We sit on the sidelines watching our kids being screamed at, yelled at, put down by their coaches, and humiliated in front of their teammates. We know something isn’t right and ask ourselves, “Is this emotional abuse?”
There were so many times my gut was in knots because of things the coaches would say or do to my kids – nothing was sitting right with me. But I didn’t know for sure whether it was my expectations on how they should talk and act toward my kid or if it was in fact emotional abuse. I learned to go with my gut instinct because, EMOTIONAL ABUSE IS HARD TO DEFINE!
There is a gray area and many coaches push those limits in the gray. You need to remember, the older your kid gets, the higher the level of competition which means the higher the level of abuse. It gets much worse out there, and parents; it is YOUR JOB to stop abusive behavior before it stops your kid from playing.
I WISH I HAD THE FOLLOWING INFORMATION EARLIER… without question I would have e-mailed it to my kid’s coach! Maybe it would have helped. There are some interesting facts that were produced by the Minnesota Amateur Sports Commission. They conducted a survey and found the following statistics about the incidences of abuse happening in youth sports.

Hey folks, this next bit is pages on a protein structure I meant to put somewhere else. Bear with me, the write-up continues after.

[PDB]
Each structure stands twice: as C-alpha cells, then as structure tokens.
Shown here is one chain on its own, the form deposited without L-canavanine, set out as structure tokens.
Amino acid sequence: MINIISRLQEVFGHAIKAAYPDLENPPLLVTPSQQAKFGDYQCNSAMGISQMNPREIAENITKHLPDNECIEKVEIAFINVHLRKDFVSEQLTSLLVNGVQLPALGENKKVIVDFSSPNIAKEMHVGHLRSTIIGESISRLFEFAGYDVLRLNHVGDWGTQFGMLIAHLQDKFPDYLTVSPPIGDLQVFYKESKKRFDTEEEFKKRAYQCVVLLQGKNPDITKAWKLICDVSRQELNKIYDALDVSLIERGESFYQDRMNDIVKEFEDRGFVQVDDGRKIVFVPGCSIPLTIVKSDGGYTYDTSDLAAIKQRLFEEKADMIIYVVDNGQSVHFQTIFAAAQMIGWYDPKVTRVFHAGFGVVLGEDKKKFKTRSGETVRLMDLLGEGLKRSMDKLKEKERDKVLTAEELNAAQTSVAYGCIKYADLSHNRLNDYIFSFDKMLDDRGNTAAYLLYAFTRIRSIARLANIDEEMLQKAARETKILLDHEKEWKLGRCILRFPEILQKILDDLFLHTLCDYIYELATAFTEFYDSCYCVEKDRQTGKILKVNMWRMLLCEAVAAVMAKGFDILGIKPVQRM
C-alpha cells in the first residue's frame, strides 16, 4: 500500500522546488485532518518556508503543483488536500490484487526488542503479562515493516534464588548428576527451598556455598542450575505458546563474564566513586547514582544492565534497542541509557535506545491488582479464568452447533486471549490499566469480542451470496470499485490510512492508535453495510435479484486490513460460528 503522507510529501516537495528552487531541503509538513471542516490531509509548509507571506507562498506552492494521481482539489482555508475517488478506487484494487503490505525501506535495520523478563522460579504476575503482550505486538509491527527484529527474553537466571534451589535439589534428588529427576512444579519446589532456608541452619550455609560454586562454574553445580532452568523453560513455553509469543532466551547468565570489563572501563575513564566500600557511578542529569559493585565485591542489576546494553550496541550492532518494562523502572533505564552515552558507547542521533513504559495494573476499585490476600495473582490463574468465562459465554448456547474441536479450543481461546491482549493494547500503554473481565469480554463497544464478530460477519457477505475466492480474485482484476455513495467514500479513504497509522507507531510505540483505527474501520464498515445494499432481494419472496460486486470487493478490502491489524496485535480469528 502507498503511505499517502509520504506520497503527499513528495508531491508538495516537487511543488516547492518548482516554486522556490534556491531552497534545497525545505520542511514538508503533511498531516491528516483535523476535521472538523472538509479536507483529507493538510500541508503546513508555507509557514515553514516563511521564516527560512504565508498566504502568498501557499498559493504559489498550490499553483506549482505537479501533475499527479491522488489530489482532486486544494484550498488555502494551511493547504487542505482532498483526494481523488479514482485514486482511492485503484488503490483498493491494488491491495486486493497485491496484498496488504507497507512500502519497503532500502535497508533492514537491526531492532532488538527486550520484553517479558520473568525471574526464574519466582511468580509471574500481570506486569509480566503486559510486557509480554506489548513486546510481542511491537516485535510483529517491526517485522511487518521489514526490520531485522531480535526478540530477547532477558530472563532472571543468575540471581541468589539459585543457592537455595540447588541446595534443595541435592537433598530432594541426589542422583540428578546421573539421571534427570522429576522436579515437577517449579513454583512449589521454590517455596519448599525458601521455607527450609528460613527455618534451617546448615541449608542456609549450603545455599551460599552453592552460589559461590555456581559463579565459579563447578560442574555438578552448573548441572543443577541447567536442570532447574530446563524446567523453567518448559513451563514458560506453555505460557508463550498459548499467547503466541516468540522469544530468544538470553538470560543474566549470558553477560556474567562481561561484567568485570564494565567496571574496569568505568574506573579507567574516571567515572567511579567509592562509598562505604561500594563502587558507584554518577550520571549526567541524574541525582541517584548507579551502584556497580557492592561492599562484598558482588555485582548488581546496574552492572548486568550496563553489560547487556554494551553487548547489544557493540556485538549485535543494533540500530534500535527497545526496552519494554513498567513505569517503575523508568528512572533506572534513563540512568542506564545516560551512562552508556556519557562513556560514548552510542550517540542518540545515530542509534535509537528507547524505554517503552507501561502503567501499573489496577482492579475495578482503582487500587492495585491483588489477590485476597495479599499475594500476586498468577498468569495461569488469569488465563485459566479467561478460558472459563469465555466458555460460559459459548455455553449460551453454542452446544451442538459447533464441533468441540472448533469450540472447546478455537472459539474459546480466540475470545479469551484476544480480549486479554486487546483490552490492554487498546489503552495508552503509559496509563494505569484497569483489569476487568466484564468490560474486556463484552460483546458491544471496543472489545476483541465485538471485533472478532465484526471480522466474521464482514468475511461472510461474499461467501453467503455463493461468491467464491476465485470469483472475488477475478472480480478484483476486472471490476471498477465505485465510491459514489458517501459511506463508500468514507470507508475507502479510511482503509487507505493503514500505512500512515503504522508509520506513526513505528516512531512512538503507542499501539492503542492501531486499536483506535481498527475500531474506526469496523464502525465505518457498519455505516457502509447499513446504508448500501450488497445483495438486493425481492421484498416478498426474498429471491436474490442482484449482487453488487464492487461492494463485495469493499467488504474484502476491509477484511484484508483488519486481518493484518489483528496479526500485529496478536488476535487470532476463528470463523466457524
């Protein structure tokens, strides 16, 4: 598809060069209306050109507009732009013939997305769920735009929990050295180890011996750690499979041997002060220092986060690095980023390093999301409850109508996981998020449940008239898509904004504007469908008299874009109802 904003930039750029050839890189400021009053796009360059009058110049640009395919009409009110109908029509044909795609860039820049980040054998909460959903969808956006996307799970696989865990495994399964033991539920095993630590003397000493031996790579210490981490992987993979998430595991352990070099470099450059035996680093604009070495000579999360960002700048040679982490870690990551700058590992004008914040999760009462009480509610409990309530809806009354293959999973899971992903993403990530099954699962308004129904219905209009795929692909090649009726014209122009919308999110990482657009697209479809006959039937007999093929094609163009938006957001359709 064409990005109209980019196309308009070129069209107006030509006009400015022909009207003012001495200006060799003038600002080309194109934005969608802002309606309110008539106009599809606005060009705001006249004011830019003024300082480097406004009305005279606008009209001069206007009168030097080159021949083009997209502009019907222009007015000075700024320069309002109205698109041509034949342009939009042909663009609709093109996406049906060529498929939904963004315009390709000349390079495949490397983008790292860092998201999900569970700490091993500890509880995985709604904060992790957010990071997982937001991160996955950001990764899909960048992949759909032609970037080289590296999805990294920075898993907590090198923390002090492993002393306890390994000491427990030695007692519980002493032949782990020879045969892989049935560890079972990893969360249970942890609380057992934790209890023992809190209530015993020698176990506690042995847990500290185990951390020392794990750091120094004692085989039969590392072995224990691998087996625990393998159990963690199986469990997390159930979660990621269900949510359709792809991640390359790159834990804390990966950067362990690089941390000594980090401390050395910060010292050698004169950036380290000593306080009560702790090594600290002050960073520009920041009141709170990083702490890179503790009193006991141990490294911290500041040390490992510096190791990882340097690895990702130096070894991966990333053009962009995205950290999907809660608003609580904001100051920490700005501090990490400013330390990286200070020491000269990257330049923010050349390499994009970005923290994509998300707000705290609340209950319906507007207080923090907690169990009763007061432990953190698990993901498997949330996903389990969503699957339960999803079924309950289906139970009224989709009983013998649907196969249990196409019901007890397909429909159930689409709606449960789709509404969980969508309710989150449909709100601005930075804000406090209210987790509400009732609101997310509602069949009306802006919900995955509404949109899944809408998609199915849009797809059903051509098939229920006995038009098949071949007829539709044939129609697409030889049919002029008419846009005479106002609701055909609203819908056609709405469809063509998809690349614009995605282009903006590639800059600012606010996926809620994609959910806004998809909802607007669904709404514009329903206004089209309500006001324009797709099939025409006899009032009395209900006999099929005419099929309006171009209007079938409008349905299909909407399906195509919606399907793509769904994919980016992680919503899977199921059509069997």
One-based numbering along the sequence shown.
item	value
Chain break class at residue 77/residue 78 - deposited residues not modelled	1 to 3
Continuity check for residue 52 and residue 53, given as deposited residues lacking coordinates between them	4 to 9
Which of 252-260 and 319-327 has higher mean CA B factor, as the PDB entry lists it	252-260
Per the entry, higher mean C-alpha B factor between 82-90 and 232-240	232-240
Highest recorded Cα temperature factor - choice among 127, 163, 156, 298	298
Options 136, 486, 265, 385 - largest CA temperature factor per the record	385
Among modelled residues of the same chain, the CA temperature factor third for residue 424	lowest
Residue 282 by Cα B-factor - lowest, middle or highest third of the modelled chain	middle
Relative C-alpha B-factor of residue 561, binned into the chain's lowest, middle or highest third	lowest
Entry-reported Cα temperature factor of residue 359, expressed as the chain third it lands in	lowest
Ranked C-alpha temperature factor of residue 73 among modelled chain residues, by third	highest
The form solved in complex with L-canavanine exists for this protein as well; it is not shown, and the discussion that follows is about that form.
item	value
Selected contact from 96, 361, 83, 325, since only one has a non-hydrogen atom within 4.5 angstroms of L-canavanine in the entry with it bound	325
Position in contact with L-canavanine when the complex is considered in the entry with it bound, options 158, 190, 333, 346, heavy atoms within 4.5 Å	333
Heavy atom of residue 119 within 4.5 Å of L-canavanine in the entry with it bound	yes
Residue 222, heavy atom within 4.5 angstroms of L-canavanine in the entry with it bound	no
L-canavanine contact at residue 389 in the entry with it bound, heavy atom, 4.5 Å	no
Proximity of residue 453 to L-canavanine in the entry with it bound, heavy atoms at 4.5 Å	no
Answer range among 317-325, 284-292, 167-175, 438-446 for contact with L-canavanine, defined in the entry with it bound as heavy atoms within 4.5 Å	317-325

- 45.3% of males and females surveyed said they have been called names, yelled at or insulted while participating in sports
- 17.5% of people surveyed said they have been hit, kicked or slapped while participating in sports
- 21% said they have been pressured to play with an injury
- 8.2% said they have been pressured to intentionally harm others while playing sports
- 3.4% said they have been pressured into sex or sexual touching
- 8% of all surveyed said they have been called names with sexual connotations while participating in sports
The end result is that there are more kids getting abused in youth sports today than any of us realize. We all have to do our part to make our coaches aware of this and help them to understand the seriousness of the issue. If they understand, maybe it will help them be more conscious of their actions before they engage in abusive behaviors. Help your coach – share the information…